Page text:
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Wednesday Warblings
Coombsville-—The Road Less Frequently Travelled

By Stephen Eliot

The need for “new” drives the wheels of journalism, and it is particularly true for those of us in the wine writing game. New vintages and bottlings, new wineries, new sensibilities and techniques in the crafting of wine, and, upon happy occasion, a new place or two…these are the grist for the wine writer’s mill.

“New” can and often does become an obsession. If nothing noteworthy is new, then it must be invented. Fashion and fad seem to demand it. Sometimes, however, when you look past the gloss and the glitter of the latest new thing, you find that it is not quite so new after all.

A couple of days back, we spent the afternoon at Grgich Hills Winery celebrating the ninetieth birthday of legendary winemaker Mike Grgich. On the way back home, we decided to take a detour from our usual route and visit a few folks in Coombsville, a less-visited valley of vines tucked away in Napa Valley’s southeastern corner to the east and just over the low hills from Napa City.

Coombsville is the newest legally recognized sub-AVA of the Napa Valley having been granted AVA status just over a year ago, and, as attentive followers of the California wine scene are aware, it is lately getting it’s a bit of the buzz when the topic turns to what’s new.

Serious winemaking in Coombsville does not come with a history as long as that of its northerly neighbors such as Yountville and Rutherford, but it has been quietly cultivating vineyards and making seriously good wines for more than thirty years under the watchful eyes of people like Bill Cadman, John Caldwell and Tom Farrella. More recently, notable wineries such as Arrow and Branch, Meteor, Ackerman, Ancien and Sodaro have made Coombsville home, and a good many top-flight, up-valley producers including Robert Mondavi, Merryvale, Pahlmeyer, Far Niente and Lail, to name but a few, have looked to Coombsville for premium fruit. The point is that the place in not so “new” when you look a bit deeper, but there is unquestionably an air of discovery surrounding it just now, and, with its new AVA status and a newly formed association of vintners and growers, we can expect to see and hear more about the goings on in Coombsville.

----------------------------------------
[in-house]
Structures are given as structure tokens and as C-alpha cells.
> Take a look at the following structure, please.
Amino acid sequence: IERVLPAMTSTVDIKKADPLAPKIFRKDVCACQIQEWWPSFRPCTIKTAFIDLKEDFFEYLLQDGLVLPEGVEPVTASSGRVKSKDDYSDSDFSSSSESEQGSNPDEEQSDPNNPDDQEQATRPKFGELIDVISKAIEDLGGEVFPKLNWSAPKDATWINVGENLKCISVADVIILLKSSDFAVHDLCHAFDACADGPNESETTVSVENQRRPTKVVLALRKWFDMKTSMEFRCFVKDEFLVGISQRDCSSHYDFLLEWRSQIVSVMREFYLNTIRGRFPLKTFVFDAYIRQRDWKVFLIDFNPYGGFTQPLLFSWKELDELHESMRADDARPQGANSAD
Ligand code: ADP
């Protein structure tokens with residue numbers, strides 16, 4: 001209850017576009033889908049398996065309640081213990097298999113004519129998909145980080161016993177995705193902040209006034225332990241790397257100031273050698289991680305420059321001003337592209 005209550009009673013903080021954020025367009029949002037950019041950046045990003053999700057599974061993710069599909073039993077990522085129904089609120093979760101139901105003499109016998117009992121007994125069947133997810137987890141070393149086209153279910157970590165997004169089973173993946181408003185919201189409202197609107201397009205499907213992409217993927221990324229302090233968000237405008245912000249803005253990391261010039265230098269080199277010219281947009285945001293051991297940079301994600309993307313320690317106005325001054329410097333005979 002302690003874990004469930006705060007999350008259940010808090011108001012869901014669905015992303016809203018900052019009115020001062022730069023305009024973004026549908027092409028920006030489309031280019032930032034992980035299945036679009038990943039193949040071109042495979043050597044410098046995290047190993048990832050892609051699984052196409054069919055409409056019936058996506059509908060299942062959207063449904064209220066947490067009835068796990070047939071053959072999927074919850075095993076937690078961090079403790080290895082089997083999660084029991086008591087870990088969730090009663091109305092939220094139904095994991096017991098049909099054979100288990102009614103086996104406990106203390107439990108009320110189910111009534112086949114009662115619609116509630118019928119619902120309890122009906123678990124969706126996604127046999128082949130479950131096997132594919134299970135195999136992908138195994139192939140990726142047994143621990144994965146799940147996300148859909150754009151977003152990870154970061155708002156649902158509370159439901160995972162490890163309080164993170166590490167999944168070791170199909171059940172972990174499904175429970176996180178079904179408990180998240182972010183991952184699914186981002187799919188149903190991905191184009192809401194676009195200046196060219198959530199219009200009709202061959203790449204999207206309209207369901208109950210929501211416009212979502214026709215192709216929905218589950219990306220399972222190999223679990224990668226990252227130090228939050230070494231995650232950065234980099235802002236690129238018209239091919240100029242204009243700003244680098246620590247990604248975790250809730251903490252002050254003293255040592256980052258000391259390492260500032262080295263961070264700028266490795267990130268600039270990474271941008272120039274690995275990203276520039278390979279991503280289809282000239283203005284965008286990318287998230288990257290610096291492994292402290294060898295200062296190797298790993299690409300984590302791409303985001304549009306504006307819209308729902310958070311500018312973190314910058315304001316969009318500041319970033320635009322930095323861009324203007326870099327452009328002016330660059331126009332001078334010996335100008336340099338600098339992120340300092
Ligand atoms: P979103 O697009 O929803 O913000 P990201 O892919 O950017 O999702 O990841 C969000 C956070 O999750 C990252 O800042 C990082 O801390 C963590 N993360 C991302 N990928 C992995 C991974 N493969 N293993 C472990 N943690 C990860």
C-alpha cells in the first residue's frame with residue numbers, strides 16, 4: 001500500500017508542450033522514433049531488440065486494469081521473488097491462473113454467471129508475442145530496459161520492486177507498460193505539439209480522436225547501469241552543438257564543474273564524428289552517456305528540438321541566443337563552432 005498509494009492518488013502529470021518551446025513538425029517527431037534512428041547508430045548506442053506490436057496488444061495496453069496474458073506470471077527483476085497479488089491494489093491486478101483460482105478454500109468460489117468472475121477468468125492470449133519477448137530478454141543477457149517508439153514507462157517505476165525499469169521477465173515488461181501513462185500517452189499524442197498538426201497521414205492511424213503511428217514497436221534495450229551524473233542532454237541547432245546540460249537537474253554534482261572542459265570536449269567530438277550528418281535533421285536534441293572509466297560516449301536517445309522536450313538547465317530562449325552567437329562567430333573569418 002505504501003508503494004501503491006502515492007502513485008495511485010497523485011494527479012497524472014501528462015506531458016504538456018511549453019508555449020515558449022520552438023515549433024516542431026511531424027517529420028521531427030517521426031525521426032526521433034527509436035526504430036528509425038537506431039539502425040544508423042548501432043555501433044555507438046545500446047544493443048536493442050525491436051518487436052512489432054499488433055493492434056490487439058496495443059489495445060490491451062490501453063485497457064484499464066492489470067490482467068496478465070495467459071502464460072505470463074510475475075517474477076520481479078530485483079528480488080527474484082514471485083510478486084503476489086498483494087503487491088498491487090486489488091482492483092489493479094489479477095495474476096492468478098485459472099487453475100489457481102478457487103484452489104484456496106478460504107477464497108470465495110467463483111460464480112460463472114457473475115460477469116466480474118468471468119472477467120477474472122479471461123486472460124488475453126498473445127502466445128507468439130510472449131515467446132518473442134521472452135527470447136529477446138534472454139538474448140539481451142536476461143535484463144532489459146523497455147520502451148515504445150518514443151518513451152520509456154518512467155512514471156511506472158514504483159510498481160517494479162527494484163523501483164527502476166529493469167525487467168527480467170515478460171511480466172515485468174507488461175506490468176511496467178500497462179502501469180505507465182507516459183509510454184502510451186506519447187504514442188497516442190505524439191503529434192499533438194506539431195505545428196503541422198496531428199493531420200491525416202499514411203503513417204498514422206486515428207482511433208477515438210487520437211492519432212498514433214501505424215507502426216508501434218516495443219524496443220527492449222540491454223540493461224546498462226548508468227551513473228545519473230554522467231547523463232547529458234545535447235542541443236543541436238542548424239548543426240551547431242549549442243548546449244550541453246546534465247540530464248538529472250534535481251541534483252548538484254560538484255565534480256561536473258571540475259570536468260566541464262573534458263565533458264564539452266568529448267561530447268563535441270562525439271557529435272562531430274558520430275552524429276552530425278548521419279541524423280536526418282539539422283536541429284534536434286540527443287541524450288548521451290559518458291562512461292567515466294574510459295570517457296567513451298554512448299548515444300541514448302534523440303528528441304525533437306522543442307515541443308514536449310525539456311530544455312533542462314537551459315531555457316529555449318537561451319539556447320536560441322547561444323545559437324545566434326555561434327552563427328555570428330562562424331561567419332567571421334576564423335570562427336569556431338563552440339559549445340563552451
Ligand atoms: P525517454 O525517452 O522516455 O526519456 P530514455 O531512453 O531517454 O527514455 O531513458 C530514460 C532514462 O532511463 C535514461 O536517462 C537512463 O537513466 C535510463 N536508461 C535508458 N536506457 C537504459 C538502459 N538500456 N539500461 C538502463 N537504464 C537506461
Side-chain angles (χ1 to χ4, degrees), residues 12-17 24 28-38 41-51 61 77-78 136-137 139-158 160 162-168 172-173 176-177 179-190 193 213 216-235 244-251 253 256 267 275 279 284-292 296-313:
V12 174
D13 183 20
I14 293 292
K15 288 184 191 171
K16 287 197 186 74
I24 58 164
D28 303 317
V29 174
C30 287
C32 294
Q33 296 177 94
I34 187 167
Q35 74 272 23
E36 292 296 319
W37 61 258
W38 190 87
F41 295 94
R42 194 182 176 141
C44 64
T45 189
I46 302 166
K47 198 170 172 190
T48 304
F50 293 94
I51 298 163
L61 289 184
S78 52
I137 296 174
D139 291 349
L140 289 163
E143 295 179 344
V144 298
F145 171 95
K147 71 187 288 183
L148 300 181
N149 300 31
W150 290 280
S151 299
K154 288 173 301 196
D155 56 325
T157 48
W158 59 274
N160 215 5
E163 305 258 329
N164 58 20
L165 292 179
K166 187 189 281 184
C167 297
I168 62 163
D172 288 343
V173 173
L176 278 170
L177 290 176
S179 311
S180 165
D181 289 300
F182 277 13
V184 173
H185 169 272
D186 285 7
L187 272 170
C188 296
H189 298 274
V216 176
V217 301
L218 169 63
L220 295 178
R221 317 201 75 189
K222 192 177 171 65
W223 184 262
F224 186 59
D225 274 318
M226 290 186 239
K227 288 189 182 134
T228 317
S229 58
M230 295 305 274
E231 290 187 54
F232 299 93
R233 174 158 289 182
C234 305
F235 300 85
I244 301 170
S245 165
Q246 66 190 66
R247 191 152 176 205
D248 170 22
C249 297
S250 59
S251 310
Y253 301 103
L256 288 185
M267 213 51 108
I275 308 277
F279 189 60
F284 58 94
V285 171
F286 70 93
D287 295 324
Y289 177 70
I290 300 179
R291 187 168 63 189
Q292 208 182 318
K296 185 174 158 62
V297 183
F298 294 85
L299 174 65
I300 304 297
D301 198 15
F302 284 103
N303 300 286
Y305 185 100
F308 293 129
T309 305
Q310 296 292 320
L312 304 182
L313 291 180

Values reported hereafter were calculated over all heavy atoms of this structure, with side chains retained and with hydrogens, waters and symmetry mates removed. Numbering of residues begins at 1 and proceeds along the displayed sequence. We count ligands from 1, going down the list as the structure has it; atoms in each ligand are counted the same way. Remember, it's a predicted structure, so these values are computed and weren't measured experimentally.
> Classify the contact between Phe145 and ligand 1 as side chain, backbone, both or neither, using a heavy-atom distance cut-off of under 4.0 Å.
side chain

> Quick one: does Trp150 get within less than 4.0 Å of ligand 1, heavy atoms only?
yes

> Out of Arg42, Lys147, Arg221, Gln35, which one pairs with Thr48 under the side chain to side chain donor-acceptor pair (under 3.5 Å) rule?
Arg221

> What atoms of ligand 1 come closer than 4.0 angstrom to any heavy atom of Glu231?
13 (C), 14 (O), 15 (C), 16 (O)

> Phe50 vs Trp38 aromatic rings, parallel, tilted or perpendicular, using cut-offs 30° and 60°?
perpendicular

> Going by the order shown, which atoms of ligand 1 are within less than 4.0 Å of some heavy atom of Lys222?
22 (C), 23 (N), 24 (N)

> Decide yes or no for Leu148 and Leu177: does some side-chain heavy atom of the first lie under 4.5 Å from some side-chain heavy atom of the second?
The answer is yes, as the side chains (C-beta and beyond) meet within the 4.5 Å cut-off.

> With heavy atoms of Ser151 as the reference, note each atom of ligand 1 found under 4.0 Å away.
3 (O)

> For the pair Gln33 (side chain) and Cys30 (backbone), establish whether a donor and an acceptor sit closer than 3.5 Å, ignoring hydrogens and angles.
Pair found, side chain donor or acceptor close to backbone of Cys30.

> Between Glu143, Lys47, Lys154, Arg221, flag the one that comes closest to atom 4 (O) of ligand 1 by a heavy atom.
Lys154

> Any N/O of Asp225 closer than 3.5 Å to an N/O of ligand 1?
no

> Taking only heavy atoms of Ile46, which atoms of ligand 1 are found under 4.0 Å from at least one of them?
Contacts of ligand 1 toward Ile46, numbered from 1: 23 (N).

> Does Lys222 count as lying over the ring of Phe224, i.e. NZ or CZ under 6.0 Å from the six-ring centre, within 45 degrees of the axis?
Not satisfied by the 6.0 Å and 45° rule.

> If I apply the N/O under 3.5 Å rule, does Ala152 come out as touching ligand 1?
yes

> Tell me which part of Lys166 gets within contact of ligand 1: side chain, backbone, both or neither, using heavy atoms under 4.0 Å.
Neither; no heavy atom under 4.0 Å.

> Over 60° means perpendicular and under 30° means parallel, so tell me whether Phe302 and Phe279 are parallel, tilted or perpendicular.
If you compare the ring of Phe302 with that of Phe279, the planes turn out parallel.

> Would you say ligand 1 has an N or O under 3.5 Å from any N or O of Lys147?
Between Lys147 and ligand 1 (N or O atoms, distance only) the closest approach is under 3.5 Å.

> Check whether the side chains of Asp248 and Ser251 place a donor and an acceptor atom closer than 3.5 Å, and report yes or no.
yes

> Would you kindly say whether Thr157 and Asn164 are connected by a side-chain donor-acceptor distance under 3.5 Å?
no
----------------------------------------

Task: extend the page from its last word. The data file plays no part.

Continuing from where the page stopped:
The story here is one of a comparatively cool climate, described in terms of heat summation and fitting somewhere between Carneros and Napa Valley’s southerly Oak Knoll District, and unique geology owing to volcanic deposits from nearby Mt. George. The appellation is a distinct and separate bowl-shaped entity due east of the town of Napa whose eastern hills and open west end make it subject to San Pablo Bay breezes and cooling fog. We cannot honestly say that we have yet seen a distinct and universal aspect of terroir in each of its wines, but the area’s temperate climes do predict wines of structure as opposed to those of runaway ripeness. A point, in fact, very much demonstrated by the remarkable, exceptionally well-balanced 1995 Farella Cabernet Sauvignon that highlighted our conversation with its maker and kept it going far longer than we had planned.

There is a good deal to yet learn about the place, and we have many questions to ask. How are the hillside vineyards different from those on the flats? Where do soils change and to what effect? What role does aspect and exposure ultimately play in the district’s wines? Is there, in fact, some singular personality twist that ties all of its wines together?

For us, the conversation has just started. Coombsville may be off the beaten path, but it is a road that is about to be far more frequently travelled.


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Hidden Gem of Napa valley
by Bill
Posted on:4/11/2013 9:17:04 AM

The Hidden Gem of Napa Valley is Gordon & Wooden Valley. Caymus, Altamura, & Eagle Eye own in these valleys with many of the large producers buying grapes for 50 years.

by Kat McDonald
Posted on:4/11/2013 12:02:37 PM

Lovely area, mostly residential so easy to overlook by the typical Napa visitor. Many places don't have general public tasting rooms so hard to discover. Now that wineries can identitfy the area on their labels hopefully more people will look out for the it. Just a thought...the climate is so different then Rutherford,Oakville etc maybe the area would be better served by growing varietals that Napa is not known for ? Just a thought...

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